Impatient port turns up volume Edgy port turns up the volume
Ads seek public support to deepen the Columbia as a federal decision nears
Under the original plan, the digging would have started last month.
That was before environmental groups sued and federal biologists changed their opinion about the environmental costs of the $200 million federal plan to deepen the Columbia River shipping channel.
The Port of Portland has been arguing since 1989 that Portland's viability as a seaport depends on deepening the 100-mile shipping channel from Portland to the Pacific. However, the project is still six environmental hurdles short of fruition.
The first and tallest of these hurdles is a biological opinion from the National Marine Fisheries Service on whether the project would endanger Columbia River salmon. The opinion is due out next month, and the port is revving up the rhetoric once again to win public approval Ñ and public money.
Some of Oregon's most influential people Ñ among them Gov. John Kitzhaber, retired U.S. Sen. Mark Hatfield and Portland developer Bob Naito Ñ are involved in the promotion. They're trying to portray the long-delayed project as both vital to Oregon's struggling economy and an improvement rather than a threat for the Columbia River and its fish.
Port officials say about 40,000 jobs in the Portland metropolitan region are directly related to maritime trade.
A new advertisement running on seven radio stations in the Portland area features port Executive Director Bill Wyatt stating, 'The big ships you see coming up and down the Columbia River don't just carry Oregon products. They carry Oregon's future.'
The radio spots will run through mid-May as part of the port's $300,000 advertising campaign to boost the channel project. The port also is running channel-deepening ads in a dozen newspapers throughout Oregon.
The campaign is being directed by Debby Kennedy, who worked with the Seattle-based advertising firm Cole and Weber for 10 years before taking over as the port's public affairs director in August 2000. Portland-based Sasquatch Advertising is providing creative services.
Straight to the point
Katy Brooks, a spokeswoman for the port, said the new ads are much more focused than ads that ran a year ago in local and national publications. Those ads featured far-off subjects such as Chilean kids who eat wheat, even though hardly any wheat is exported from Portland to Chile.
The new ads cut straight to the point because new marketing data show that most Portlanders are all too familiar with the region's economic woes Ñ but not familiar with the channel-deepening project.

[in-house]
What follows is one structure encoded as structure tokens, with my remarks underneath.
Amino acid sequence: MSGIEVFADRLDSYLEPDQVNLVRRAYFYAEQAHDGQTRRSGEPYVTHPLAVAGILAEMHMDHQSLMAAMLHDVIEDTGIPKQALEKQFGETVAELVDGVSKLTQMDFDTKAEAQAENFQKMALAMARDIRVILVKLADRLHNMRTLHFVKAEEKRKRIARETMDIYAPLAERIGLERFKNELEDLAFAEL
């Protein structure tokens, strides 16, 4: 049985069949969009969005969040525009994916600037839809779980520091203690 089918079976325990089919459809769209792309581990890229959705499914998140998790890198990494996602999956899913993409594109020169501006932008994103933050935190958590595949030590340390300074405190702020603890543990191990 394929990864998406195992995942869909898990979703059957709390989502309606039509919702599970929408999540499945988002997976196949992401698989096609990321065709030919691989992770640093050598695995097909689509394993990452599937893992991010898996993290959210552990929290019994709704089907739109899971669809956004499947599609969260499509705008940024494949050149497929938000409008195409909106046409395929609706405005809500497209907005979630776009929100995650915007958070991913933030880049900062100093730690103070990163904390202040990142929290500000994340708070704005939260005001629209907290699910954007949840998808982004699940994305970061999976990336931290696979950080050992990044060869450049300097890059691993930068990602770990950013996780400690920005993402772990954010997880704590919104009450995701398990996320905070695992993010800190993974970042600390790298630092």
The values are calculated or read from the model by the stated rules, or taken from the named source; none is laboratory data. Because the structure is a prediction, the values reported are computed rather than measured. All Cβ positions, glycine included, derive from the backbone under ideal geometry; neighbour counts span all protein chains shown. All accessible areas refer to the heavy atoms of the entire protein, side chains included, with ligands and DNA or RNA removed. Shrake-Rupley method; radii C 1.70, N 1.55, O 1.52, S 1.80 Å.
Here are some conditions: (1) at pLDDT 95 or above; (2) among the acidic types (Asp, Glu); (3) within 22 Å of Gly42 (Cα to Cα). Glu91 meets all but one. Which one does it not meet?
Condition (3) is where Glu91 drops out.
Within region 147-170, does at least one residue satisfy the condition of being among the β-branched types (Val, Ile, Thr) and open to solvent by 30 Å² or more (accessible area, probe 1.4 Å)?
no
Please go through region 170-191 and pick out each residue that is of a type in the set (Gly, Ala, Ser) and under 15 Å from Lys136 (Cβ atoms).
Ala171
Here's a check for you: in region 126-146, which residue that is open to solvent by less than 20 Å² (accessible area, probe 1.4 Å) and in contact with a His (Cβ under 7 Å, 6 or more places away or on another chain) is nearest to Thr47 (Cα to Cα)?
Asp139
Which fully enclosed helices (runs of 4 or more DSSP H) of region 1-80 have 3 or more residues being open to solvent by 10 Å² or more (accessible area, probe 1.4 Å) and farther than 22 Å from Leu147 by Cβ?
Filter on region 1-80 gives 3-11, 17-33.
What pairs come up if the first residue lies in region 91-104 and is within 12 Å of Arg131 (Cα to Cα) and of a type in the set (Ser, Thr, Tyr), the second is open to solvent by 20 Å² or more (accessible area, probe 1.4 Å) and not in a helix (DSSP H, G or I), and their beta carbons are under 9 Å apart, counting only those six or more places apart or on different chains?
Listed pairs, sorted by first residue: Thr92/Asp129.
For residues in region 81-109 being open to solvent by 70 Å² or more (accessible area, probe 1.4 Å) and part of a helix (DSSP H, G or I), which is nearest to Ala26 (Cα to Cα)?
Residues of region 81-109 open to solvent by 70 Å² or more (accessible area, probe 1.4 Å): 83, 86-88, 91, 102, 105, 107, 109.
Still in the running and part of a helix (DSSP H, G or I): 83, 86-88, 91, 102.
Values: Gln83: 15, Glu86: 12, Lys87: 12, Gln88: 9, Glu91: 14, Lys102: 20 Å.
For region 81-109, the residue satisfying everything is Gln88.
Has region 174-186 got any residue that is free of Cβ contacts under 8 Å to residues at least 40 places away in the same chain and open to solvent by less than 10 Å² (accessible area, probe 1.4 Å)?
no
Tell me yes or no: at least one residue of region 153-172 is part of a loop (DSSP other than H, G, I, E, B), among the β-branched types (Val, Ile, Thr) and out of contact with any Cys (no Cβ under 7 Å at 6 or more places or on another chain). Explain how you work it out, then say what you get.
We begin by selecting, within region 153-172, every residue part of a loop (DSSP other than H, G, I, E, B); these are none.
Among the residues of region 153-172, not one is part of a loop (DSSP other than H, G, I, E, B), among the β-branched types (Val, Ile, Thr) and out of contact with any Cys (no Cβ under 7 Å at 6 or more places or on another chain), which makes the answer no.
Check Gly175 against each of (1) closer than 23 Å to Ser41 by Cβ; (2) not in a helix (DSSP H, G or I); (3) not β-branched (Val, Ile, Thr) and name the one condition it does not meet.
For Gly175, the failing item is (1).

Only 44 percent of people polled in Portland General Electric's most recent year-end survey on growth and the economy had heard about channel deepening.
'We want those 44 percent to understand what maritime commerce means to the economy,' Brooks said. 'It's not about the ports; it's about our economy and our jobs.'
The port also is trying to win over its two biggest opponents: environmental groups and downriver fishermen from the Astoria area. A lawsuit filed by those groups two years ago held that the project would destroy 1,000 acres of wetlands and 3,600 acres of river bottom.
Port leaders have staged a series of meetings in the Astoria area to try to dampen the resistance. And the U.S. Army Corps of Engineers, the agency responsible for planning and completing the project, has added six environmental restoration measures to the dredging plan.
The port already has started lobbying for $11.5 million in federal funds to get the environmental work rolling.
All 14 members of Oregon's and Washington's congressional delegations support the project. Sen. Patty Murray, D-Wash., chairwoman of the Senate transportation appropriations subcommittee, has listed the Columbia River as one of her top priorities.
But the port will have to wade through a lot of public process before the digging starts. Both Oregon and Washington would need to give water quality and coastal management permits, and Washington has an additional permit required by its Department of Ecology.
At the federal level, the National Marine Fisheries Service and the U.S. Fish & Wildlife Service would have to give the plan the green light, and the Corps of Engineers will have to re-crunch its numbers and prepare an updated economic assessment.
The Corps' numbers need updating because fewer big ships are coming up the Columbia than before. Two of the port's biggest customers Ñ Taiwan-based Evergreen Marine Corp. and Seoul, Korea-based Hanjin Shipping Ñ have pulled out of Portland over the past year.
Port officials say those losses are partly because of the shipping channel being too shallow for the newest cargo ships.
Critics question that assessment. North Portland citizen activist Mikey Jones, a longtime opponent of the port, believes that Portland will never compete with major West Coast ports such as Los Angeles and Oakland Ñ and shouldn't try.
'The port's like a guy who's 5 feet tall, who's trying to play in the NBA,' Jones said. 'They might want to try a new plan.'